The juicy parts are left in – tastefully - The Buffalo News

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The juicy parts are left in – tastefully

FICTION

Erotic Stories for Punjabi Widows

By Bali Kaur Jaswal

HarperCollins

304 pages, $26.99

A former co-worker who learned bare-knuckle politics in Boston during the Kennedy years had a little tradition he (may or may not have) observed when leaving one job for another: “Leave a few little bombs ticking here and there, then sit back and watch as they go off.”

“Erotic Stories for Punjabi Widows” qualifies as a literary ticking bomb.  As middle-schoolers have said, “It’s da bomb,” and will be passed from hand to hand, raising havoc all the way. Author Balli Kaur Jaswali left in all the juicy parts, word for word as a Punjabi widow might – or might not – have written them. Ambiguity is no stranger to the world she creates.

Her name tells us she is a woman. A character explains that if a Sikh name contains “Kaur,” it belongs to a girl or woman; “Singh” denotes a man.  Other Sikh or Punjabi words or words from other languages remain untranslated, but not looking them up did not make the book any less entertaining.  The words usually denote foods or items of clothing, so the reader can figure out what is being described, more or less. None of it hampers the plot.

One family’s “necessities from India” include Brylcreem, turban starch and Neem soap. The mother raises a fuss when a daughter is bold enough to purchase a bar of Yardley English Lavender Soap.  We are in a world where nothing changes without plenty of resistance.

Before setting the mayhem in motion, Jaswal makes her characters very clear. They all stay true to character, whatever the author makes happen to them.

Heroine Nikki tends bar in a London tavern, not – repeat not –in the Punjabi section of town. A law-school dropout, she attends feminist protests with her friend Olive during school hours but her parents eventually find out that she has left the university. All hell breaks out and never stops till every loose end in the plot is tied up, including a little surprising twist about her father’s manner of death during a trip to India.

Nikki is appalled by her sister, Mindi, wanting to get married in a traditional, arranged process. But she helps Mindi anyway through the awkward steps of meeting prospective husbands and their families, even two candidates at a time.

To pay the rent on her flat above her place of employment, she agrees to teach a class in creative writing at a Punjabi community center in the heart of the ethnic enclave. The program supervisor, not very adept at English herself, misrepresents the curriculum. The class turns out to be illiterate Punjabi widows, ages from their 30s through 80-something. What they want to write is the ABCs, not anything creative.

This is where Jaswal leaves what nearly seemed to be heading toward a 1950s sitcom rehash and opens the curtain on the dark side of community life, with child marriage, domestic violence, arson and honor killing. Because she has treated her characters seriously, her plot is strong enough to support their challenges when a thuggish group of religious “police” begins to close in on them.  Midnight telephone calls, commands to cover their heads near the religious center – seemingly unimportant details start accumulating. The mysterious “suicide” of a young Sikh woman darkens the picture even more.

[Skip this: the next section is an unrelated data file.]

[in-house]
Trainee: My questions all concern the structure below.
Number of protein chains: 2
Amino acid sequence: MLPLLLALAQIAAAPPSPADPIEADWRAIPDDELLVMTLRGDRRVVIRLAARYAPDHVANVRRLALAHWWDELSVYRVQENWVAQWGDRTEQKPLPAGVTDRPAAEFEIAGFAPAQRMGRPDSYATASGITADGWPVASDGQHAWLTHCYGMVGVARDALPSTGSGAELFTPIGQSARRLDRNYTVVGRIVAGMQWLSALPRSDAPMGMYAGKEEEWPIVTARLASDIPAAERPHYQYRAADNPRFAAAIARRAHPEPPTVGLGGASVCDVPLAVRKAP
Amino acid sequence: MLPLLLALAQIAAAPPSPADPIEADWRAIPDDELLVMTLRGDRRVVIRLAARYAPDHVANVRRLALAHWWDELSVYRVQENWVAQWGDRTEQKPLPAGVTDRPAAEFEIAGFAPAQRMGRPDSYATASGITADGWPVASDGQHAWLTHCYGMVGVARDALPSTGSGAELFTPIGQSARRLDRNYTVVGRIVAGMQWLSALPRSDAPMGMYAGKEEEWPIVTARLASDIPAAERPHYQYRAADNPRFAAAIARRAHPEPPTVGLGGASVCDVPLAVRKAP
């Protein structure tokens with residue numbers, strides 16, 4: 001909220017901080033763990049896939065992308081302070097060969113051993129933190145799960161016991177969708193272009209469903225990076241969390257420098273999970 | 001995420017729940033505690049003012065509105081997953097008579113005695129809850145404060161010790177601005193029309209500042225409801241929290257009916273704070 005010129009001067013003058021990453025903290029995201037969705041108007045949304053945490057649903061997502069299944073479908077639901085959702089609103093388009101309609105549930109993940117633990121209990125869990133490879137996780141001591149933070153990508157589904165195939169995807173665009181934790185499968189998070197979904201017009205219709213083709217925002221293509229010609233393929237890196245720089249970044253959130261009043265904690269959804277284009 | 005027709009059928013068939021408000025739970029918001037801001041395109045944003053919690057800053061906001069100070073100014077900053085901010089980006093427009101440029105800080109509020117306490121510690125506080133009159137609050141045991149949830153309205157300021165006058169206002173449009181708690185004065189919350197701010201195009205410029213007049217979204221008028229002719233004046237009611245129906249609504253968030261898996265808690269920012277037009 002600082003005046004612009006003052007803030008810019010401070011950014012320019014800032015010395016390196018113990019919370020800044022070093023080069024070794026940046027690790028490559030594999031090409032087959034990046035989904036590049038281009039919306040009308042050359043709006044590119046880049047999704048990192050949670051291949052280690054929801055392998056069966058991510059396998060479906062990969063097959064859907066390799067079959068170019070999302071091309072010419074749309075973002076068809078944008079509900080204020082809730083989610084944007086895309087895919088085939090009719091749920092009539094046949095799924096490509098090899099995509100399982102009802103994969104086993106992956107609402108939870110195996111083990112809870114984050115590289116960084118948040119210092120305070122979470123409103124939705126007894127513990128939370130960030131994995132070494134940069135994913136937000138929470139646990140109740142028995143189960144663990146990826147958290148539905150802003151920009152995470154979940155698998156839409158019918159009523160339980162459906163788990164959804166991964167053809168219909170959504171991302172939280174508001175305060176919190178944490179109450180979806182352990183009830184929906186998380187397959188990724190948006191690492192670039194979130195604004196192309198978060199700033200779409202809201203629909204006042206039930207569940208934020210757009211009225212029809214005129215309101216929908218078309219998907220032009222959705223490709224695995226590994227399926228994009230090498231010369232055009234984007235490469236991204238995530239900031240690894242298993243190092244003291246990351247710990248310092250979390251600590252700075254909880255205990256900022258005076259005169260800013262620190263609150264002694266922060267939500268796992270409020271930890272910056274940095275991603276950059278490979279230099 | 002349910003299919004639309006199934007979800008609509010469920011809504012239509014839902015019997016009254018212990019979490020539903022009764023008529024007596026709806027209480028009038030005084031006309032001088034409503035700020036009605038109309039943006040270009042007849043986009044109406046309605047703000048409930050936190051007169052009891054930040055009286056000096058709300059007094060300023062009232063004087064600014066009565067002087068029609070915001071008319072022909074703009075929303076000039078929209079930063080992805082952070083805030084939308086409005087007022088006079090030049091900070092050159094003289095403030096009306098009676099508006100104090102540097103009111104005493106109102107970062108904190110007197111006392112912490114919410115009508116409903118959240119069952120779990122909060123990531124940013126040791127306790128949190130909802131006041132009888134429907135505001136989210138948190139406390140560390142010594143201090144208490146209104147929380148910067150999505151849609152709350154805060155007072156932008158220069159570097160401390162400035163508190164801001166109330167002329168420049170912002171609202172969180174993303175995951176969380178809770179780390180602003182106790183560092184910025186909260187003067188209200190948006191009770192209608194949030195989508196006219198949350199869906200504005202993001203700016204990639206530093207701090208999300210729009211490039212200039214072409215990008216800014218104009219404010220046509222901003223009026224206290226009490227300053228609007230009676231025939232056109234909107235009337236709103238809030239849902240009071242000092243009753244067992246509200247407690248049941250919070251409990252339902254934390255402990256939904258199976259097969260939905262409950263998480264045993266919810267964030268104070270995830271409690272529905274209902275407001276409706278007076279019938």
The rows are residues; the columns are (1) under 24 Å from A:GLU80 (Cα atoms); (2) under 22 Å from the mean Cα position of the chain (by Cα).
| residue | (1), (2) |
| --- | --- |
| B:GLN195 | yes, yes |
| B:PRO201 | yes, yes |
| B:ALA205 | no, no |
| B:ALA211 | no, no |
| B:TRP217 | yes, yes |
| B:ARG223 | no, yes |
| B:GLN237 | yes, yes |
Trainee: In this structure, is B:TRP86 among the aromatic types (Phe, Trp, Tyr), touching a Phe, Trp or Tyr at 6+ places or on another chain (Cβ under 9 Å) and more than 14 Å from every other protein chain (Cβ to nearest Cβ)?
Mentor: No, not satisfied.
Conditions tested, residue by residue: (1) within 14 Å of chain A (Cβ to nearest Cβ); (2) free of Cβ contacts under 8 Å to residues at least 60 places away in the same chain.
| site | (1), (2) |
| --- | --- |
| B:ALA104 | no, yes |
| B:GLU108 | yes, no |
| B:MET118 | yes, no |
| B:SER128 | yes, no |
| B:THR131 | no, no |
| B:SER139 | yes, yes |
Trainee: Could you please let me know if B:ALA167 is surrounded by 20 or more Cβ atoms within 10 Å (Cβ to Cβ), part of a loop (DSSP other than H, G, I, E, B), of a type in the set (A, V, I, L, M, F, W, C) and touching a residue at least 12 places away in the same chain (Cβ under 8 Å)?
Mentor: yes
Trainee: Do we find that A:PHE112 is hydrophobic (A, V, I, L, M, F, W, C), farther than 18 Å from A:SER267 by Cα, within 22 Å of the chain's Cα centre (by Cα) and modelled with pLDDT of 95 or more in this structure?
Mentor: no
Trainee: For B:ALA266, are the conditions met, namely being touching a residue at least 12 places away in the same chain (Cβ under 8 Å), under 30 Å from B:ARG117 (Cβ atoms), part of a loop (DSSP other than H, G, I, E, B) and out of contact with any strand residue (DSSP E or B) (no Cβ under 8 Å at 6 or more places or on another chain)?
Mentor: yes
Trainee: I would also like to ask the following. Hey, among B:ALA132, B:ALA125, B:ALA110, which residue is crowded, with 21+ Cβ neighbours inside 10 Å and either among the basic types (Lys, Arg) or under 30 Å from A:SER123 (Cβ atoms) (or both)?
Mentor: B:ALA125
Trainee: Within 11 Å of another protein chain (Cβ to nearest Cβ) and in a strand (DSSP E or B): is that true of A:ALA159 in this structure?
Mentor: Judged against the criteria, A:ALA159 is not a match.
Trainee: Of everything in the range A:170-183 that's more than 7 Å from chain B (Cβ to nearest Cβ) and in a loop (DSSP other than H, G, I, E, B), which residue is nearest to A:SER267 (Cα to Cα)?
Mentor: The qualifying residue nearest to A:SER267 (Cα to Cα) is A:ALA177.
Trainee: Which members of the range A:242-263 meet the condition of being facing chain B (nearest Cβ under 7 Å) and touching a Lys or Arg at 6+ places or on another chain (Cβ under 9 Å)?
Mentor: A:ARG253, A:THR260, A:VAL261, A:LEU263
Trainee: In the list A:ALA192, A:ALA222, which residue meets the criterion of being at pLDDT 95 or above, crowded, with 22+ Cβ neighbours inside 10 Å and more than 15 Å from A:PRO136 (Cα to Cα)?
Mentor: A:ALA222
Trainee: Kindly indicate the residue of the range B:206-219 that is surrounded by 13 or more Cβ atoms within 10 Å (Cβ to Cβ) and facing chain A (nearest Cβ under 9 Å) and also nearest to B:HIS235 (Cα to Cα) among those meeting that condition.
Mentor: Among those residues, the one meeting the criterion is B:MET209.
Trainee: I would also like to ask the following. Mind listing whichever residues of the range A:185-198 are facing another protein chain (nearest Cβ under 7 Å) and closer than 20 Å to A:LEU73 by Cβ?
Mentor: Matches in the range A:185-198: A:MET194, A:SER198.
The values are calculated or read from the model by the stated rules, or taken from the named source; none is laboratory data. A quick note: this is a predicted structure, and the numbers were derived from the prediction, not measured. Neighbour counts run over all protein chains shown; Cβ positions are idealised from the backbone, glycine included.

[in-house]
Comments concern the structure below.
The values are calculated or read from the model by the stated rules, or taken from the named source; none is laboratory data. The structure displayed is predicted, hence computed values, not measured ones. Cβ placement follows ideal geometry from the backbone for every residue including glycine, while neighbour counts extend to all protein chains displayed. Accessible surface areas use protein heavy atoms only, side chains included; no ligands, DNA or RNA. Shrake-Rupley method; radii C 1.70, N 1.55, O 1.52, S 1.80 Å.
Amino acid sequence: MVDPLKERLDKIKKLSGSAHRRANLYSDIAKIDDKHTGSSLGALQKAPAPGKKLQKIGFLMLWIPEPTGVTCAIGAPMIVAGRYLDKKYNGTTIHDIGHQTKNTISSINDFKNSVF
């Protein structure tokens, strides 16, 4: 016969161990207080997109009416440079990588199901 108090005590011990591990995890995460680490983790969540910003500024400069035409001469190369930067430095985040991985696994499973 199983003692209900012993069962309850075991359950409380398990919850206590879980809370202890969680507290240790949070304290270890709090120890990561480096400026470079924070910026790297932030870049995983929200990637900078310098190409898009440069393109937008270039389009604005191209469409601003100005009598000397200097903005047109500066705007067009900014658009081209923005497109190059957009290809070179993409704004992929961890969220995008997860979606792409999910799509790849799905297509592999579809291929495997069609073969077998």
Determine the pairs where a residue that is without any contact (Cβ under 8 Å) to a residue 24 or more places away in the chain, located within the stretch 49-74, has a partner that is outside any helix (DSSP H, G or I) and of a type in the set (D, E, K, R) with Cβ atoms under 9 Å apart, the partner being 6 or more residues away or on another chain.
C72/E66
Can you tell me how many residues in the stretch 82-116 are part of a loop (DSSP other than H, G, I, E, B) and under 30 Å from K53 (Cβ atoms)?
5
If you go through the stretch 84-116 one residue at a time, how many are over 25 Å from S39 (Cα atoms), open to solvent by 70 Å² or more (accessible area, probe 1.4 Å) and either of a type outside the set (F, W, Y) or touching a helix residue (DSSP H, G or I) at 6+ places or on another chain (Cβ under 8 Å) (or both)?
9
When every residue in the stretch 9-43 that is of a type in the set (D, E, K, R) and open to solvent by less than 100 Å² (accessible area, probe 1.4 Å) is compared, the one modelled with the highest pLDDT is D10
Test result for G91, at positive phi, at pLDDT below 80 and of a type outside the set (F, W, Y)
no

What sets all this menace and challenge into motion is Nikki’s basic English class. The widows resist her first attempts at teaching creative writing, struggling with the English alphabet but wanting a topic that interests them, one that relates to their own lives. Definitely not cooking or embroidery. Of course, what else could it be but sex?

One at a time, they narrate their fantasies: what they had enjoyed during marriage or outside its bonds; what they had been deprived of; what they wished for in vain. Then they take the written “stories” home to study. Someone makes a photocopy that gets passed on to someone else and of course eventually to the violent “Brothers” religious gang. Piling plot-twists sky-high, Jaswar keeps the action, including raw violence, moving along, with enough surprises to hold the reader’s attention.

Just in case anyone’s interest flags, the sexy “stories” scatter throughout the book: the language is slightly prim, the anatomy correct.  The widows tell what they know.  Nowhere does the author play any cheap literary tricks, telling the straight story, however awkward it may make a character’s situation.

Jaswal captures the texture of family life and community interactions in the details. What the furniture feels like, when to wash the sheets, which nail polish is popular with which social class, what makes pub life boring. We learn that, at least in the community created for this novel, Sikh widows do not remarry or even date. They wear distinctive clothing, white that sometimes goes gray around the edges. One of the students is not even a widow; she lies to cover embarrassment about her ailing husband running away with his nurse.  Yes, of course, she takes him back, but for how long?

Nikki is no airhead. When the class office is vandalized, she is too canny to suspect the “Brothers” and follows her intuition about the culprits. Eventually the police believe her and a murdered wife receives justice.

Even the cover works with the physical setting consistent with the scene. A lacy frame surrounds a temple silhouette in a design that can be tatted or crocheted easily, one motif at a time. The design ultimately adds up to a veil, one metaphorically pulled aside by illiterate, emotionally deprived but brave migrants far from their homeland, thanks to the literary gifts of Balli Kaur Jaswal.

Stephanie Shapiro is a former news reporter and editor.

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